Second, even if we assemble all of the extant workings for a given piece, we must always interpret them in light of the composers' general musical environment. Composers normally develop distinctive working habits and intentional goals; these are shaped by their education, listening preferences, contact with other artists, and so forth. They also write for particular functions, genres, media, and styles. The problems here are two-fold. On the one hand, composers' motives are notoriously difficult to determine; they may be vague or ambiguous and may alter as the work evolves. Some pieces have conflicting or unfulfilled goals and produce effects that are consciously unintended.5 Sometimes composers may not be aware of their real motivations or accurate in reporting them to others. To quote Leonard B. Meyer, composers "are no more reliable witnesses to their own motives—the basis for their choices—than are any other protagonists of history."6 On the other hand, it is not easy to establish causal connections between composers' actions and their external environments. Obviously, not all the events or objects that composers encounter have a direct bearing on their musical decisions. Composers filter their experiences—they select, abstract, and elaborate them in numerous complex ways. To decide what knowledge is relevant, we must be able to explain how this filtering takes place.7 This issue is psychological rather than historical in nature.

Third, even if we isolate the relevant intentional and historical constraints, our reconstruction of a composer's methods will always be shaped by our own analytical interpretations of the finished score. To quote Meyer again:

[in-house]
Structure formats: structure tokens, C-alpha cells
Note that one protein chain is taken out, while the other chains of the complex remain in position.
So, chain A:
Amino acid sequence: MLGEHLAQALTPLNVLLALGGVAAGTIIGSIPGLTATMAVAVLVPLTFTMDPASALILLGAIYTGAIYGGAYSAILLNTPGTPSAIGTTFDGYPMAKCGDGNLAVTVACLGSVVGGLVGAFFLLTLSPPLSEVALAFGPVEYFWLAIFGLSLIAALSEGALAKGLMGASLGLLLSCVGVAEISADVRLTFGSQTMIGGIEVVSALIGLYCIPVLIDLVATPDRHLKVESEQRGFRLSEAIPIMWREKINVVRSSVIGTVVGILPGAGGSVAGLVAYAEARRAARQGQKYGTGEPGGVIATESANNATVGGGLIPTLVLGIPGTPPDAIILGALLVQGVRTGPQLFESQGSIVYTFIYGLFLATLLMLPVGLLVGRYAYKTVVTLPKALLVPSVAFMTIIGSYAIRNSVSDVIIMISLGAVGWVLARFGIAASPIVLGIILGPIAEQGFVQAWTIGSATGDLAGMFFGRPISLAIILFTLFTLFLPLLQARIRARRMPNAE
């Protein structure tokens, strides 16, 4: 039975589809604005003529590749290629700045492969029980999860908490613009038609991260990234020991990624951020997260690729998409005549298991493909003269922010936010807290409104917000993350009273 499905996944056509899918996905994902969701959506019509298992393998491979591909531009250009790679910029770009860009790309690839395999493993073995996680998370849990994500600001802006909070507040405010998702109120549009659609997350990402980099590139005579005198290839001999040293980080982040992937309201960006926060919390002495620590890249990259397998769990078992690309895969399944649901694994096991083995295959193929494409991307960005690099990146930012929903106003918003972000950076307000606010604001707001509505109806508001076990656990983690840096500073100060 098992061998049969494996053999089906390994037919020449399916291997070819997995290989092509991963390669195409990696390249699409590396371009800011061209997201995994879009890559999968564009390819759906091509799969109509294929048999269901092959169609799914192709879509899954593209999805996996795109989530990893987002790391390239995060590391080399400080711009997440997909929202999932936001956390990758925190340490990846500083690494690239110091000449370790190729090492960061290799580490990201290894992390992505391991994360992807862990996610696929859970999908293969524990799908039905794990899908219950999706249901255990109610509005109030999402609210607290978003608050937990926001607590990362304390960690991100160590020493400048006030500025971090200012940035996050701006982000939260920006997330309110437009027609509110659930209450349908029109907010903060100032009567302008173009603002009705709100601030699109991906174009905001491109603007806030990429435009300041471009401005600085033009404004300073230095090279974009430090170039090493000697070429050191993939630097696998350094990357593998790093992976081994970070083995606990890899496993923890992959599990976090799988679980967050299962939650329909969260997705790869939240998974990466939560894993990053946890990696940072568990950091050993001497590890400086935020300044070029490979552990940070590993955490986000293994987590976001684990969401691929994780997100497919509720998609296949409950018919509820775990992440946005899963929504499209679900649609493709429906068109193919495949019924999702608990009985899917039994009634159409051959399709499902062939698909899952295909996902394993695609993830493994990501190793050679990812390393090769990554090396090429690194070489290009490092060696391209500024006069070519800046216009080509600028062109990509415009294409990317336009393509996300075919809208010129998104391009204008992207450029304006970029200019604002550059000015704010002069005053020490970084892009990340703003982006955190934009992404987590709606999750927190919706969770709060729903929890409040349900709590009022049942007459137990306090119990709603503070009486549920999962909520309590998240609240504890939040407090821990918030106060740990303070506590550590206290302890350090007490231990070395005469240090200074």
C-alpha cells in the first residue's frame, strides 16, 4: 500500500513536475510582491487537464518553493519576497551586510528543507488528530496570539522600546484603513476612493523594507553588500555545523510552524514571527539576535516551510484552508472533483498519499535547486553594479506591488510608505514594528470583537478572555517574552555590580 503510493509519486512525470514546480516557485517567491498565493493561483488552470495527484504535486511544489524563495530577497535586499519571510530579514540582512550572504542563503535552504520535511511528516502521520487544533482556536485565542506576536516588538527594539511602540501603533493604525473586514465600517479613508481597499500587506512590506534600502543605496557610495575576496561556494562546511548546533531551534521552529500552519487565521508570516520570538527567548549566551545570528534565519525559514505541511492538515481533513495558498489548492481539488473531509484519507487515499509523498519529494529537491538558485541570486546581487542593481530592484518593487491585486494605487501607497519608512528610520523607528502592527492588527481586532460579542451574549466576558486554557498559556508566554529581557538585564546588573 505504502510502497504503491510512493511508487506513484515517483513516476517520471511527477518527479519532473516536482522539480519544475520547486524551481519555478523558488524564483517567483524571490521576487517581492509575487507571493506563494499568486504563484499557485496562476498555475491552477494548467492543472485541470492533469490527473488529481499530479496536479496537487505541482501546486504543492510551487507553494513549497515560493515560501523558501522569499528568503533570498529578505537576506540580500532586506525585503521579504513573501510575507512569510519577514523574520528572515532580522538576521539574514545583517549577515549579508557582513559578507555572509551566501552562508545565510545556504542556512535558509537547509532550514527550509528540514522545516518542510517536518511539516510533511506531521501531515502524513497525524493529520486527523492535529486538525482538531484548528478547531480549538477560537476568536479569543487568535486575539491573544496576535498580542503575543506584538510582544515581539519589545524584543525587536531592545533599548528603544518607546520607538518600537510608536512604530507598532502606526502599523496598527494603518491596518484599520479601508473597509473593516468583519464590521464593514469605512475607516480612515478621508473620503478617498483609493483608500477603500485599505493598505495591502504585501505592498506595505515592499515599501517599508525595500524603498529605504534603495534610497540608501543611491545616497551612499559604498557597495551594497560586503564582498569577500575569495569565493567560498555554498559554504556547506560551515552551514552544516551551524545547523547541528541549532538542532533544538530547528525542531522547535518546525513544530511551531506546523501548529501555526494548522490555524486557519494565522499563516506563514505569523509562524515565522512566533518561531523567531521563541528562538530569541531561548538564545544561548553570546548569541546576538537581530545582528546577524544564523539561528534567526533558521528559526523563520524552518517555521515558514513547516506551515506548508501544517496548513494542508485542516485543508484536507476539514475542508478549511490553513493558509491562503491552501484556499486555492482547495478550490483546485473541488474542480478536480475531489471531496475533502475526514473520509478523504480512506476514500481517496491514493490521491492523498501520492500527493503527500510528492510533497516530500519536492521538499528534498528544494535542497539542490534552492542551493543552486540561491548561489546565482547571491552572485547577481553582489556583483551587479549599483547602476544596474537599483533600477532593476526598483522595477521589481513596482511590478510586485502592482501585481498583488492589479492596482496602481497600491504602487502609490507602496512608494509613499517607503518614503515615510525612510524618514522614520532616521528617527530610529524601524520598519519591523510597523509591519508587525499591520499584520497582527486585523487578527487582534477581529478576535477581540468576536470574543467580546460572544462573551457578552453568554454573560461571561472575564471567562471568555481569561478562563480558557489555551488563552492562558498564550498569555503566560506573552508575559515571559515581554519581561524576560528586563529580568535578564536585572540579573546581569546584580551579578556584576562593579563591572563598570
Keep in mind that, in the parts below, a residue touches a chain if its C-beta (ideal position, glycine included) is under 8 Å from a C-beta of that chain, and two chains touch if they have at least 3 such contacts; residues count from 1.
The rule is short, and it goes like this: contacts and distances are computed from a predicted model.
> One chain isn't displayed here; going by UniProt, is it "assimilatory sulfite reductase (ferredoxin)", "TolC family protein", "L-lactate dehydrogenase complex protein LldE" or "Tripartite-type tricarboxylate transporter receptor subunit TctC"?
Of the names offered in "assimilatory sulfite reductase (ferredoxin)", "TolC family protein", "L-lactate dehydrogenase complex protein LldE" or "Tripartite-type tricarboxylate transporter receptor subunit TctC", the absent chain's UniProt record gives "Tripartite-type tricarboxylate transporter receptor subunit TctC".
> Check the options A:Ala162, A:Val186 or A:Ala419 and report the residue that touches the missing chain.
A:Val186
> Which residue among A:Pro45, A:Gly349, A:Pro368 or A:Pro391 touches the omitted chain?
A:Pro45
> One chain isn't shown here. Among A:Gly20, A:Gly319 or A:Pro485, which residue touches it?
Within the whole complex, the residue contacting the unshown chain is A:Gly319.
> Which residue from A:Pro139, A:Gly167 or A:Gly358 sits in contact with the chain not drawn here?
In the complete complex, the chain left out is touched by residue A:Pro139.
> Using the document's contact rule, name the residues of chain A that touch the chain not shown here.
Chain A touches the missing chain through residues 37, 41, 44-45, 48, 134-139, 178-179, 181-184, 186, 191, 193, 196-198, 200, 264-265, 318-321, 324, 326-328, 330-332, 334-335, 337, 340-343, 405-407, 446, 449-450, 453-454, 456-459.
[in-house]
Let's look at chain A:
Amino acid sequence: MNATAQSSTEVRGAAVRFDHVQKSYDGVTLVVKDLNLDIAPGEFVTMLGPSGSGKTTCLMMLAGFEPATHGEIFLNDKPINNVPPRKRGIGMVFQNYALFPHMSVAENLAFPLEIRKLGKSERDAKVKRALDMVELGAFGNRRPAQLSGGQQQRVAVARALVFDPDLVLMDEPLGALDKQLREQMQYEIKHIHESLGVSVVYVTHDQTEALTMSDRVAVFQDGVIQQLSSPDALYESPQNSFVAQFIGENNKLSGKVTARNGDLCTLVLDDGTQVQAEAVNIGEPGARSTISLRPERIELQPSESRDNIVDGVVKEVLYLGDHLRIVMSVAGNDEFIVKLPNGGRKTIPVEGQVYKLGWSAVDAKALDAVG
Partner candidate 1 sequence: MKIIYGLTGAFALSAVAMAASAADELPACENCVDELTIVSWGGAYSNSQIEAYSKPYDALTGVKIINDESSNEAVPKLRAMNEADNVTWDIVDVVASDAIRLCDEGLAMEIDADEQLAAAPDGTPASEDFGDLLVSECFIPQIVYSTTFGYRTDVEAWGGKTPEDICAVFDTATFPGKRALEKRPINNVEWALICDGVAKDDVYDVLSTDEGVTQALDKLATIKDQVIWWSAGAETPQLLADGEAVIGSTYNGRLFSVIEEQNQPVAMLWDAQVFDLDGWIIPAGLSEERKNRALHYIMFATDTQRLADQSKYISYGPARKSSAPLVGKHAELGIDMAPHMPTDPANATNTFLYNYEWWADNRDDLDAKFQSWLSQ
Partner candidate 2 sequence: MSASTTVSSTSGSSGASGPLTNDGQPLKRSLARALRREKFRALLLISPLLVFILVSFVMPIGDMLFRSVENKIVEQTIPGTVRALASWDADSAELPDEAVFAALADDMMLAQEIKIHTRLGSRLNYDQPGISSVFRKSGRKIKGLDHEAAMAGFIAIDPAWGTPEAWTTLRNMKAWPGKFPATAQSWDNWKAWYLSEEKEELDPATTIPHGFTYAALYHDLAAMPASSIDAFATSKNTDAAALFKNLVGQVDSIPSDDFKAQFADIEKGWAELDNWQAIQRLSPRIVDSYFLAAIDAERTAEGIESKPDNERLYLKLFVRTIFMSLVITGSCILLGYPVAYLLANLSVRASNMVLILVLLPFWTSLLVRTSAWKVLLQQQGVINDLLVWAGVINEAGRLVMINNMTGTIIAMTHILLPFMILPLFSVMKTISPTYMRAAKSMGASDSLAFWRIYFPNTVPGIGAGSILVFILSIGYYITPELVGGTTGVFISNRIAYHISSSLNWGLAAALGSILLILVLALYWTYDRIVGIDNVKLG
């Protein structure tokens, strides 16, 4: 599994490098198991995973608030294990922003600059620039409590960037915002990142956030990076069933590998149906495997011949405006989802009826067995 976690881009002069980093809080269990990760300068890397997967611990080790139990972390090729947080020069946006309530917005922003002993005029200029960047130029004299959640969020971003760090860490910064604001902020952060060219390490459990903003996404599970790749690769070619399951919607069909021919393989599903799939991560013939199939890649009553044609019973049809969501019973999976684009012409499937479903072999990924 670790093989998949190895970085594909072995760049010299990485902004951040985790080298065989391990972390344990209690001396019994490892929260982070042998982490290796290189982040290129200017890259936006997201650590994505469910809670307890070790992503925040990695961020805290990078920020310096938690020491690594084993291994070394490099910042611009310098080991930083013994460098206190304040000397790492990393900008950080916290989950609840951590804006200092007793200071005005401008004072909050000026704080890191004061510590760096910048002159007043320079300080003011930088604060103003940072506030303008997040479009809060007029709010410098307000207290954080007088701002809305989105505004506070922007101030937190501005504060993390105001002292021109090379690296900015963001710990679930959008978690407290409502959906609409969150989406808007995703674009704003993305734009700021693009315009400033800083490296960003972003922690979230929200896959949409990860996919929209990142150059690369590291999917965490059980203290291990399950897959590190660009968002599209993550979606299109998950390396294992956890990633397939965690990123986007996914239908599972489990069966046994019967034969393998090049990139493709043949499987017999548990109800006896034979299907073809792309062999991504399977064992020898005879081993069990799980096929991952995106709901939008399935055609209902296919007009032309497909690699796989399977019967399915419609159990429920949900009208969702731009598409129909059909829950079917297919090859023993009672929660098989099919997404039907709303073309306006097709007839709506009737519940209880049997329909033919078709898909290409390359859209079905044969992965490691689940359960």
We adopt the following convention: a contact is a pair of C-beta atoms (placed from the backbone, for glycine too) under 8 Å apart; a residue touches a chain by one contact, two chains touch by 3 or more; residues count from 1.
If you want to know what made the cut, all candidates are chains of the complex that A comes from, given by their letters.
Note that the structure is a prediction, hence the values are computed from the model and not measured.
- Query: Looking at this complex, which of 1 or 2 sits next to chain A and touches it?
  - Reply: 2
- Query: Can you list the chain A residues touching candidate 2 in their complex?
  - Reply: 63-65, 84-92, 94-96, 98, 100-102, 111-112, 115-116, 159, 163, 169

the changes made by composers from sketches to draft to finished work can be understood and explained only in the light of some theoretical-critical viewpoint. To discover and classify the compositional stages followed and changes made by Bach or Beethoven is to describe their compositional procedures, not to explain their compositional thinking. We can explain why a composer changed the passage as he did . . . only if we have a theory about the nature of musical relationships.8

The fact is that composers' workings are seldom framed as analytical statements; their musical significance will always be inferred post facto by us and will therefore reflect our own theoretical assumptions and predispositions.

Fourth, the question of how composers create must eventually turn to the human mind, because it is here that this act really takes place. The snag is that, from a cognitive perspective, composition remains "the least studied and least well understood of all musical processes."9 Certainly researchers face many hurdles when they try to study composition experimentally. For one thing, composing is clearly an extremely complex activity; it is hard to isolate one variable from another. For another, our understanding of composition is limited by the fact that we still know very little about the general ways in which people perceive, encode, store, and recall music.